This is the problem: emotional lability and lack of motivation, though I feel I am making progress with the self-acceptance. Seeing the psychiatrist was good. I fear my anger- rather than being energised, I become locked up. I fear my fear.
-Can we discuss an incident?
-Well, staying at home alone I manage to avoid situations which would induce anger. I wanted to print out All things bright and beautiful as a score. I found a website, but when I printed it was gobbledegook. So I tried another, and it printed only half, in landscape. So I set it to print portrait, and it printed gobbledegook. So I photocopied it.
Then I found myself thinking over things years ago which had made me angry. Then I was exhausted. I had solved my problem, and my solution was good enough- just not what I originally wanted. Thinking of those old things was a way of making my anger conscious.
-Are you overanalysing?
-No, don’t think so.
Everything needs to be perfectly as I want it. I notice that when I realise something or make a connection, I berate my stupid self for not making it before. I am doing that less.
-Why do you do that?
-Because it has really mattered. And then the tears come.
I settled an employment tribunal claim the day before the hearing for a humiliating £250, and just after, realised the killer argument which would have given me a good chance of winning.
Have you a pillow or something? Oh, there. It has a paper case on it- OK-
I scream into it, four times. That is good. It relieves my feelings, yet even in deciding to do that, I had some care for the people in the waiting room. Screaming is not what you want to hear in a doctors’ surgery. They would think you have an 18th century barber-surgeon in here.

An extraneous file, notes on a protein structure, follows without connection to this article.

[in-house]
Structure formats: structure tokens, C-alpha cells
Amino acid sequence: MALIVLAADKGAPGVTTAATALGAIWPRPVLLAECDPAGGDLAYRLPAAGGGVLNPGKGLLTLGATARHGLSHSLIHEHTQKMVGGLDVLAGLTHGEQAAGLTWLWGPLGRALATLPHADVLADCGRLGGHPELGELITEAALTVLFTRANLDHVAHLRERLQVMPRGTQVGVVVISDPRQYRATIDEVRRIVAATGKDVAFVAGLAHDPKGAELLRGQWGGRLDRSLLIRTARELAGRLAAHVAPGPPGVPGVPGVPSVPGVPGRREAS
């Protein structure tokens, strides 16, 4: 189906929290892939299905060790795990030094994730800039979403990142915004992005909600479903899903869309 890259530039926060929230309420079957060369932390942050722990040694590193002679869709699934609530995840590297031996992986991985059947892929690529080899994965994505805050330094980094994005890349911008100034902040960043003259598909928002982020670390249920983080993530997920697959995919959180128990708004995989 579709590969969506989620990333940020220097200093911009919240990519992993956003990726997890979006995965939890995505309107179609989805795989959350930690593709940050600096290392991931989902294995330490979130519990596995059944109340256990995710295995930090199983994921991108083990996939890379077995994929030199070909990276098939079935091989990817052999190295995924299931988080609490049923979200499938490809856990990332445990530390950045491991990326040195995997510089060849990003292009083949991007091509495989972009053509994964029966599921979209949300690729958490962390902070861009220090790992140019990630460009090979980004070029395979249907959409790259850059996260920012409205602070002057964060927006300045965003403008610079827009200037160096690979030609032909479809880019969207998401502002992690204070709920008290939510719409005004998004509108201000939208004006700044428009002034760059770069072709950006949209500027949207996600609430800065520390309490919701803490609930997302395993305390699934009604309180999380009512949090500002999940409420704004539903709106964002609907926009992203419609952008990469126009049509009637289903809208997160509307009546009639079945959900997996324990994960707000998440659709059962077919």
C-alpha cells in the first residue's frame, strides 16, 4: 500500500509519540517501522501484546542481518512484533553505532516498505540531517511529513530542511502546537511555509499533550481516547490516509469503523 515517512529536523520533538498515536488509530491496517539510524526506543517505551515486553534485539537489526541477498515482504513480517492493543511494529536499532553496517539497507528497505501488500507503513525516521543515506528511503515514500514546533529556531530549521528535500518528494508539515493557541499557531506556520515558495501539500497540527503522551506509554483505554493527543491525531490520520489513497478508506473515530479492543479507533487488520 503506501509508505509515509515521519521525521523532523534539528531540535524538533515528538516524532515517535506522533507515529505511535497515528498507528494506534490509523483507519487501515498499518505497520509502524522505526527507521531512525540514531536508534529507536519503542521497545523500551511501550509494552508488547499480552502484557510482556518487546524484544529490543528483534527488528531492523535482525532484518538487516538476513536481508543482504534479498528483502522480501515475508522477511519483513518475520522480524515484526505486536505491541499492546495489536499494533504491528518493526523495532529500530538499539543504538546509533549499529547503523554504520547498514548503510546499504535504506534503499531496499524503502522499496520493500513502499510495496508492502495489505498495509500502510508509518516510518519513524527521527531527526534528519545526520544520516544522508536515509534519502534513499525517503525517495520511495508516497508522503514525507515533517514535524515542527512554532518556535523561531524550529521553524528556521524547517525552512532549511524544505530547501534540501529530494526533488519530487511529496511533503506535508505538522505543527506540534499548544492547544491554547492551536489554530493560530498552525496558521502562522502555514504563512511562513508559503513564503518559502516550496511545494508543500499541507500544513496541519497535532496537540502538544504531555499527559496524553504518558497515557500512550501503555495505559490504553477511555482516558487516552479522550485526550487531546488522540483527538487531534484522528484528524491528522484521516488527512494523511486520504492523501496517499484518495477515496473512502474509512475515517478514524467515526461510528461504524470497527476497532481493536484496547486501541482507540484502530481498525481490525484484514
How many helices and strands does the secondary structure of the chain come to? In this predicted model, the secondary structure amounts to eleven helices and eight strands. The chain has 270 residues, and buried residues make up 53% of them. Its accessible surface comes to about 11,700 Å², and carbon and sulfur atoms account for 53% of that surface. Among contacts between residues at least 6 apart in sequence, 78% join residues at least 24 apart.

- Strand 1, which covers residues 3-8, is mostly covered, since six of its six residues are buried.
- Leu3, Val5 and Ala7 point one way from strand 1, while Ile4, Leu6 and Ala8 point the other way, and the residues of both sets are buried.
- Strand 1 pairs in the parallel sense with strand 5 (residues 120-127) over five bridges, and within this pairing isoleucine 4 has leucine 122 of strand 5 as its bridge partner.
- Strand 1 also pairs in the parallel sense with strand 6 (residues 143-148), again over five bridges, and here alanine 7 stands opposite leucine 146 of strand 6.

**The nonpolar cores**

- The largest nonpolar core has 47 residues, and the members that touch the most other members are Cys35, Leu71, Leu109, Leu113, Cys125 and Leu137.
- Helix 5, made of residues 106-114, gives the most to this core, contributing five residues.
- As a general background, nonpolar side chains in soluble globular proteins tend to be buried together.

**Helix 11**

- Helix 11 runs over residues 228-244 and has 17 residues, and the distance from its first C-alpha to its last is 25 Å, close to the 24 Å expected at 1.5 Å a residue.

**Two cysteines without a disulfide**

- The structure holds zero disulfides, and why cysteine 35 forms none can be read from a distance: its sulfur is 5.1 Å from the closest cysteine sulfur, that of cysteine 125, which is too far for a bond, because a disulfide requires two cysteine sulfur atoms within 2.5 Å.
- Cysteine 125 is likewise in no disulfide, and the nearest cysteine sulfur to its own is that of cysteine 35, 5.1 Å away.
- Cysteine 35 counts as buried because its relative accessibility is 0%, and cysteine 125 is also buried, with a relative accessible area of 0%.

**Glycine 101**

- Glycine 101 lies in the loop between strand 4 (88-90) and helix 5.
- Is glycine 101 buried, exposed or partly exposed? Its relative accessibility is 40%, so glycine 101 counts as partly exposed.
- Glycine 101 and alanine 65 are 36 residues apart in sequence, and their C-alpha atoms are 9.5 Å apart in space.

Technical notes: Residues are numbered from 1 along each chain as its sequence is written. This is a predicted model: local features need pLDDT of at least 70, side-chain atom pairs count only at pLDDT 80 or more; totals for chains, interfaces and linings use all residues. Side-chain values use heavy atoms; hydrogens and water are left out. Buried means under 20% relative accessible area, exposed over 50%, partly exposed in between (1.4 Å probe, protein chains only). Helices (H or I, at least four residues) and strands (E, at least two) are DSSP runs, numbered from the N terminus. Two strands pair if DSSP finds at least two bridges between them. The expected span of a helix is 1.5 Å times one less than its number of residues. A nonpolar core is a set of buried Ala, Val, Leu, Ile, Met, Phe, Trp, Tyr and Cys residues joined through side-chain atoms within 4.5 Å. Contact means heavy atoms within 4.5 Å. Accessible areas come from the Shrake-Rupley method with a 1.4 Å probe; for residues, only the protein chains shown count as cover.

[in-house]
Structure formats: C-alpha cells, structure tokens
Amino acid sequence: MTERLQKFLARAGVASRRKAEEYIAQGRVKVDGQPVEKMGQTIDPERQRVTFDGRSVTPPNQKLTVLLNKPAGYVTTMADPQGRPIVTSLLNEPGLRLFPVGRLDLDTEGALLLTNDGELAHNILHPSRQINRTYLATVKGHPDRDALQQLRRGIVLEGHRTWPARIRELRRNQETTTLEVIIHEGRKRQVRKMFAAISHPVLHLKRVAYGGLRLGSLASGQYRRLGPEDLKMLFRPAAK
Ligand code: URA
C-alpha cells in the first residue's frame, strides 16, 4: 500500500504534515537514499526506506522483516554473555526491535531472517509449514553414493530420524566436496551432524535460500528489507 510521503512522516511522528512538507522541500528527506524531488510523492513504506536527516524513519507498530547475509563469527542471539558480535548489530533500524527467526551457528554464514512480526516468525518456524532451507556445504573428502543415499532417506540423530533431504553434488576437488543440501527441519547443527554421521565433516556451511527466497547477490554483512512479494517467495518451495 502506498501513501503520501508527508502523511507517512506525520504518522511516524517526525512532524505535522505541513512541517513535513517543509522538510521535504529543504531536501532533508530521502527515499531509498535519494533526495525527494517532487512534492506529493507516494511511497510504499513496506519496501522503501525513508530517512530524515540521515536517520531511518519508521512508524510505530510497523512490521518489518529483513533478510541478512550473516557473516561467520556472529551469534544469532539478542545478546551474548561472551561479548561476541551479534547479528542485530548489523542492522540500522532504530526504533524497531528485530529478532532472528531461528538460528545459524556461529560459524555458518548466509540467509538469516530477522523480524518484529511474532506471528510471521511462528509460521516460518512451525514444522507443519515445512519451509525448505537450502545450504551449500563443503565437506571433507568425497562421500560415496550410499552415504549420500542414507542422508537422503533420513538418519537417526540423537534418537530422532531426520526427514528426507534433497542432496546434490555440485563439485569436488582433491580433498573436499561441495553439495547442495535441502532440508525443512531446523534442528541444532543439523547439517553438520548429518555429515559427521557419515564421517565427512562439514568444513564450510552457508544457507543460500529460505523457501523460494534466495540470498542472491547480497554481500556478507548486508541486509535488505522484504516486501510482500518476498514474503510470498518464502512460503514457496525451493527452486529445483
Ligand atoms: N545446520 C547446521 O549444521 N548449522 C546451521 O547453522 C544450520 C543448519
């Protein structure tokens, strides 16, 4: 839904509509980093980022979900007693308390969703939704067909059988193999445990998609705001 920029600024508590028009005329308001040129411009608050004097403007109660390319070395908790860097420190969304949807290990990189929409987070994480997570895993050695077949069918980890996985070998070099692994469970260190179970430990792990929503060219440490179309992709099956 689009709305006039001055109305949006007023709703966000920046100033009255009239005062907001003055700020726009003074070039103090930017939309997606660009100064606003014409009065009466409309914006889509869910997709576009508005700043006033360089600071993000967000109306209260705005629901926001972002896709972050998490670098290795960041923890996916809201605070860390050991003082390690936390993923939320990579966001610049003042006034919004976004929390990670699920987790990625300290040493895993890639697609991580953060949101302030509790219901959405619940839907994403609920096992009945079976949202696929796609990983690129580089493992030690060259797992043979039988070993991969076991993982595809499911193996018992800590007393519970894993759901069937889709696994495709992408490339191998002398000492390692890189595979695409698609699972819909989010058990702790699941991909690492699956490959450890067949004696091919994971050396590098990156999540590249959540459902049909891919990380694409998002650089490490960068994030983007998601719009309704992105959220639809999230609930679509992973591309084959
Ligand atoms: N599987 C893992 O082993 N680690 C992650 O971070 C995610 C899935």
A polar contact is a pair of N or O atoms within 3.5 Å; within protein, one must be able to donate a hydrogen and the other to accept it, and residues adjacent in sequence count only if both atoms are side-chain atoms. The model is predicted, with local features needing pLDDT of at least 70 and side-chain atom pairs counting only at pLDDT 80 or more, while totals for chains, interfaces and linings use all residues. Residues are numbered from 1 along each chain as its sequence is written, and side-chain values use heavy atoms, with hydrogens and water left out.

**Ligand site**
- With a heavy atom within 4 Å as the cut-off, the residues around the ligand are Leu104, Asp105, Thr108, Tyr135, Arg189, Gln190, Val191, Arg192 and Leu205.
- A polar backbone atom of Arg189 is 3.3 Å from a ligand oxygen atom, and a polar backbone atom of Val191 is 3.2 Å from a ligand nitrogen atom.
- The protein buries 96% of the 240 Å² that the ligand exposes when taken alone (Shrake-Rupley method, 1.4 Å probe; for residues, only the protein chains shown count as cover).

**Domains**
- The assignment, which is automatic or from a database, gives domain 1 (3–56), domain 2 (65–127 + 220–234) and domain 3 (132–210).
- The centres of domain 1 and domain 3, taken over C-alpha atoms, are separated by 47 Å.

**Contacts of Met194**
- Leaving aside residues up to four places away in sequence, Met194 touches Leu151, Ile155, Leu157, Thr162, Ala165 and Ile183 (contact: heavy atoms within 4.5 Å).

I throw the pillow, stained with lipstick and mascara, on the floor.
I thought I was completely worthless. I only had value for what I could achieve. So I needed to get everything perfect, in order to deserve existence. This is an impossible way of being, in employment law- there are clever people trying hard to thwart you. So I just gave up.
I could spend ages trying to convince you I had the killer argument, too late for the tribunal, but can more or less trust my own judgment.
With C, I know the magic telepathy could not work. I could have told her how irritated she made me, but that was a more difficult Assertiveness task, given how much she irritated me. I planned my devastating put-down, knowing she would crack that stupid joke yet again.
-Could you have saved the friendship?
-Well, there will be other friendships.
-At least you knew what you were doing.
I came in early, but because the automated entry system was not working I had to queue at reception. I wasted time with it because it had a postit note saying “This is working, just very slow”. “The trouble with efficiency”, I said loudly to the person ahead of me, “is that if you have no slack you can’t cope with any problems”. Rather than having another person on reception, people started to footre with the touch screen.
-Is there a switch on it?
-It’s switched off at the mains, said the receptionist.
I went over, took the postit note, screwed it up and threw it on the floor. The woman came over, unscrewed it and said it should be there. I looked her in the eye and explained to her that it was misleading, and she removed it again.
I am moderately pleased with that. Mostly assertive, not really aggressive- I did not smash the thing. I prefer to maintain relationships, and here I made her day slightly more unpleasant. I prefer to maintain relationships, perhaps because I do not expect to win confrontations like that. Better, I think, than sticking the anger in a pressure-cooker.
I could “relocate” the memory of that tribunal case. She explains the jargon. It was one of the bad experiences which broke me. And- I don’t need always for things to go my way exactly. It won’t kill me- even if that is exactly what I feared. I shall ask her to explain that one again.